Personal trainers cost $30-50 per hour (or $100 if a gym corporation is taking a large percentage), but one with 10+ years' experience in your specific goal area is well worth it. He knows what worked for himself and his previous clients, and his experience can provide an endless supply of nuances and workout variations than somebody who just knows the textbook answers can't match. I've had two trainers. One from 2002-2004 on and off, and one I just started with in 2007. I lucked out with my first trainer because he had even more experience than I thought. I could tell he was a buff bodybuilder who could show me how to lift. But I discovered he'd played football in college so he started me off with a football lifting routine. Later when I got into wrestling he said, "I did that in high school." Boxing: "Sure, I can show you how to punch. And muay thai kicks and a bit of ninja if you're interested." When his buddy opened a jiu-jitsu school, he recommended I try it. Later he put me on the same routines he was doing, providing mutual reinforcement and accountability. Whenever I would point out various guys in the gym I wanted to be like, he'd say, "That'll take a year of hard work" or "You already have that."
My second trainer knew tons about body mechanics and nutrition, had worked in a chiropractor's office and supplement store (which he quit because he thought the ingredients were bullshit), and was studying to be a naturopathic doctor. He was athletic but didn't look like a bodybuilder, but he really knew his stuff, and just three sessions was enough to set me off in a new direction.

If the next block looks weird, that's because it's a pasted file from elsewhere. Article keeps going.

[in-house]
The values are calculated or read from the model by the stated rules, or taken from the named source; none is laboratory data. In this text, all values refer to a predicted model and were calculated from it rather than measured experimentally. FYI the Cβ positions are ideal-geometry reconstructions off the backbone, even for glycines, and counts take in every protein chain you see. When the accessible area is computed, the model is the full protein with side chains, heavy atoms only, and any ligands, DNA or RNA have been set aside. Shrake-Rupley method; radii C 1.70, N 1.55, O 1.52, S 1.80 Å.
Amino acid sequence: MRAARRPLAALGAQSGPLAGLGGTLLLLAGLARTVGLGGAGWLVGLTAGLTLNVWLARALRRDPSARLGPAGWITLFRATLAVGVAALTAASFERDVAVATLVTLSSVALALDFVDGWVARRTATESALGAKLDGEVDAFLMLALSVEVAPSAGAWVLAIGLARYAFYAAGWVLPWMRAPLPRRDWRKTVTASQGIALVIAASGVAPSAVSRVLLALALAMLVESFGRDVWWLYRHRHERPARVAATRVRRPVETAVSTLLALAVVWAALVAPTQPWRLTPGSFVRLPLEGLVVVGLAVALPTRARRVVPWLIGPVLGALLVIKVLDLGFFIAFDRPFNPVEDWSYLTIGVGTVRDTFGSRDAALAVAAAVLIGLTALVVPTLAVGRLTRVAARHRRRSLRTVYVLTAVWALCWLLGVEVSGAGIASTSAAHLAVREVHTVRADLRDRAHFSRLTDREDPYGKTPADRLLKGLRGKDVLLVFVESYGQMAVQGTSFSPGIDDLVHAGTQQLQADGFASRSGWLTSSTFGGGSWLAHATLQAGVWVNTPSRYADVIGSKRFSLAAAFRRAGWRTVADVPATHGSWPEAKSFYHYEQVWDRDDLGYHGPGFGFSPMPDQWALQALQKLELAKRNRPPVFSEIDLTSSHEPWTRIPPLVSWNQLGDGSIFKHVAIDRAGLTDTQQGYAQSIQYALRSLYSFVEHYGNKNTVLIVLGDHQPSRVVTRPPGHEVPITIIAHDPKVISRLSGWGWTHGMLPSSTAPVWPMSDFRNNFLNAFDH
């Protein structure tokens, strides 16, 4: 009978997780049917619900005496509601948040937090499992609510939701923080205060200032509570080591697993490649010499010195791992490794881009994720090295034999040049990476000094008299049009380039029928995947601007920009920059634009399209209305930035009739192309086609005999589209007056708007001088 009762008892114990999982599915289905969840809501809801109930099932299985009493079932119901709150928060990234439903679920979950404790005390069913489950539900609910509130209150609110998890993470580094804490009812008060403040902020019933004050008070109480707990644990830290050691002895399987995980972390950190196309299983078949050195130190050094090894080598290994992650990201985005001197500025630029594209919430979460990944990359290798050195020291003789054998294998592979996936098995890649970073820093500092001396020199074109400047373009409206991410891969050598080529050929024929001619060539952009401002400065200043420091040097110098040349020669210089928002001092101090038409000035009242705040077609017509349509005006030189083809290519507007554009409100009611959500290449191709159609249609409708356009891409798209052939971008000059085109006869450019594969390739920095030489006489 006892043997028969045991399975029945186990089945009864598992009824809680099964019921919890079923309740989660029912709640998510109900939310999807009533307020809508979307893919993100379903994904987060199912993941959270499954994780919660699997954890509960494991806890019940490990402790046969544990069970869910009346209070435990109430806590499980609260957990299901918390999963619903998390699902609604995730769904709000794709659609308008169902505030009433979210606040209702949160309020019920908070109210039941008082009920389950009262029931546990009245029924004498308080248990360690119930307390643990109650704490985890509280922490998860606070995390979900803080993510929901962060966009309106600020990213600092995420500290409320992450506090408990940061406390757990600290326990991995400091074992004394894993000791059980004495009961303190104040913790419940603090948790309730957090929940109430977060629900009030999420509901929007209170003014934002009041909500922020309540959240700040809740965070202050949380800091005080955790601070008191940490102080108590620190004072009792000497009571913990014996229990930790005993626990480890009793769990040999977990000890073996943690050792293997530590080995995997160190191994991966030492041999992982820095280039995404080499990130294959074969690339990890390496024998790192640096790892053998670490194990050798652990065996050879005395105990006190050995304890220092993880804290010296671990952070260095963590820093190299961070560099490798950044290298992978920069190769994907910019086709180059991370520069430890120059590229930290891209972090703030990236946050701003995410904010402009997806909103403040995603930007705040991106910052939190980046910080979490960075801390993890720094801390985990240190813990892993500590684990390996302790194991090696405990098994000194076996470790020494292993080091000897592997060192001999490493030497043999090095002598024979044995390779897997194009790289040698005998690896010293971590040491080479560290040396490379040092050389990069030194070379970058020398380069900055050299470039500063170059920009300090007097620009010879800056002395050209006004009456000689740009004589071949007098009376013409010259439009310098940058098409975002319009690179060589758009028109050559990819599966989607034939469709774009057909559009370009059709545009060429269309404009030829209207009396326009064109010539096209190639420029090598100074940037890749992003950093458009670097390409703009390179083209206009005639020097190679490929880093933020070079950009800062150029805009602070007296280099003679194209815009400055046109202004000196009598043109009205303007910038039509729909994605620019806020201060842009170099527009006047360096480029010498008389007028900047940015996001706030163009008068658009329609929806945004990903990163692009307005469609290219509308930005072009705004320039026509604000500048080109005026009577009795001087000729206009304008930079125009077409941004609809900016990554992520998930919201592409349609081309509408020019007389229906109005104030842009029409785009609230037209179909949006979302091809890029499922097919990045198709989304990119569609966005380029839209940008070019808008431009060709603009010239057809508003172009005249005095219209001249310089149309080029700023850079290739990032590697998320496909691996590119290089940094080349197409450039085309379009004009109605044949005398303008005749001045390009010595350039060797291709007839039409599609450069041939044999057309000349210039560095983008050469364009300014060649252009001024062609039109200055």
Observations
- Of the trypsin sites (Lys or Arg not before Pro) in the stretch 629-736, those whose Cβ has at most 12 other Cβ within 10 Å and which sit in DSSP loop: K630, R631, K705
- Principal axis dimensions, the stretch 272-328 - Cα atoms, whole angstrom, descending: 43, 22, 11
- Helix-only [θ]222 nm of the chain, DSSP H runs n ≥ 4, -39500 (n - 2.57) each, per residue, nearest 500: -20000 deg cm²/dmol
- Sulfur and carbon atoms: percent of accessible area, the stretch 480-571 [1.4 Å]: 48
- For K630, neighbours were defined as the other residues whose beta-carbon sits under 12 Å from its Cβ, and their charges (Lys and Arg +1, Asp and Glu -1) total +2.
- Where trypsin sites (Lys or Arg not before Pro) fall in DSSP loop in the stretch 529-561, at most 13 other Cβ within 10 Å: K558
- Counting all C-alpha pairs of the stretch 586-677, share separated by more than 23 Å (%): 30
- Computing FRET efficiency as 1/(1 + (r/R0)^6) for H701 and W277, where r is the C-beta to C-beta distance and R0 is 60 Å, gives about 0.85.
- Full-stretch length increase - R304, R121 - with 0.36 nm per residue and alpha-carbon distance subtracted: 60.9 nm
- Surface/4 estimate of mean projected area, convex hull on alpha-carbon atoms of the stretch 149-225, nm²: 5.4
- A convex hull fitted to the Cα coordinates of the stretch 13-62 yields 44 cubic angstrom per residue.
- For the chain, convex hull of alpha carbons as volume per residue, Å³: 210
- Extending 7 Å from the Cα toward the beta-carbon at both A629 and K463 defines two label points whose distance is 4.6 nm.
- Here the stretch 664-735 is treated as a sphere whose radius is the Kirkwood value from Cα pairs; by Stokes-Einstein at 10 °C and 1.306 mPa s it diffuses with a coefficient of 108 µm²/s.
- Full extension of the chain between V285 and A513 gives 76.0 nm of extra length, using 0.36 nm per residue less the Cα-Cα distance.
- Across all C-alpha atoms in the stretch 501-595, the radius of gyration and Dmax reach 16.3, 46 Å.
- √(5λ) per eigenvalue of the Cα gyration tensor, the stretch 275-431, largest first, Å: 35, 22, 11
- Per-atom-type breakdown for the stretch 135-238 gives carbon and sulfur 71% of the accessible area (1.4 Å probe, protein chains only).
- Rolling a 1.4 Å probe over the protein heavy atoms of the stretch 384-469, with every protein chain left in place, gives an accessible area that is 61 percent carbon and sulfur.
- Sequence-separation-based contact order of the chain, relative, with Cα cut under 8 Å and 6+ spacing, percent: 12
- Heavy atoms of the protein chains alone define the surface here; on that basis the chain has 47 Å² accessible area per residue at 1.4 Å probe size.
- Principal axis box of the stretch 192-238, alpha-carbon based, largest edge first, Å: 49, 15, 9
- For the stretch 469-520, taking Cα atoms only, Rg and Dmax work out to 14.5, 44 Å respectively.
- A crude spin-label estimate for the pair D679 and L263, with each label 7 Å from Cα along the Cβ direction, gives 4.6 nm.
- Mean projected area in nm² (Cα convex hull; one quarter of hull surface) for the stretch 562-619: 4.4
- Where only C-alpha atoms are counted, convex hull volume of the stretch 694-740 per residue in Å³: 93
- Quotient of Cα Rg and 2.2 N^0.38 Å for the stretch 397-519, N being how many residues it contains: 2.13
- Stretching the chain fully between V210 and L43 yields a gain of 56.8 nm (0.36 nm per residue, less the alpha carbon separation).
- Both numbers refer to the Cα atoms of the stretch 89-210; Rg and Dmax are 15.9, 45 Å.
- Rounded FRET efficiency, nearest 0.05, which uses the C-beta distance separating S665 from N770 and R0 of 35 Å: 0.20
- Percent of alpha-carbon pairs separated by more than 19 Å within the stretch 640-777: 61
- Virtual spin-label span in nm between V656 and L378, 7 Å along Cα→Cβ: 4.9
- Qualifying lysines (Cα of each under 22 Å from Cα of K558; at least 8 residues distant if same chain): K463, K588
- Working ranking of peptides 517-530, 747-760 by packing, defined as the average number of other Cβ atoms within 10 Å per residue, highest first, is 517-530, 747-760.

If you're afraid to enter a gym because everybody is so much more advanced, consider this. I didn't take a weightlifting class in high school because I was afraid I couldn't even lift the lightest weight and would embarrass myself. I didn't even think about wrestling for the same reason. This attitude lost me fifteen years of progress. Advanced bodybuilders and amateur fighters do not think this way. They don't judge you by what level you're at, they look at your effort and persistence. They started where you did. Most serious bodybuilders are polite and friendly and willing to spot you. Of course there are a few assholes but nobody likes them.
When workouts seem like a drudgery, remember Principal Skinner making Bart Simpson write on the blackboard a hundred times, "This school does not need a 'regime change'." In other words, stick with it. But do change your routine every six weeks or so, and try different kinds of workouts. [other blackboard quotes]
Sluggo is Mike Orr, a helluva friendly guy in Seattle. Email me if you have feedback.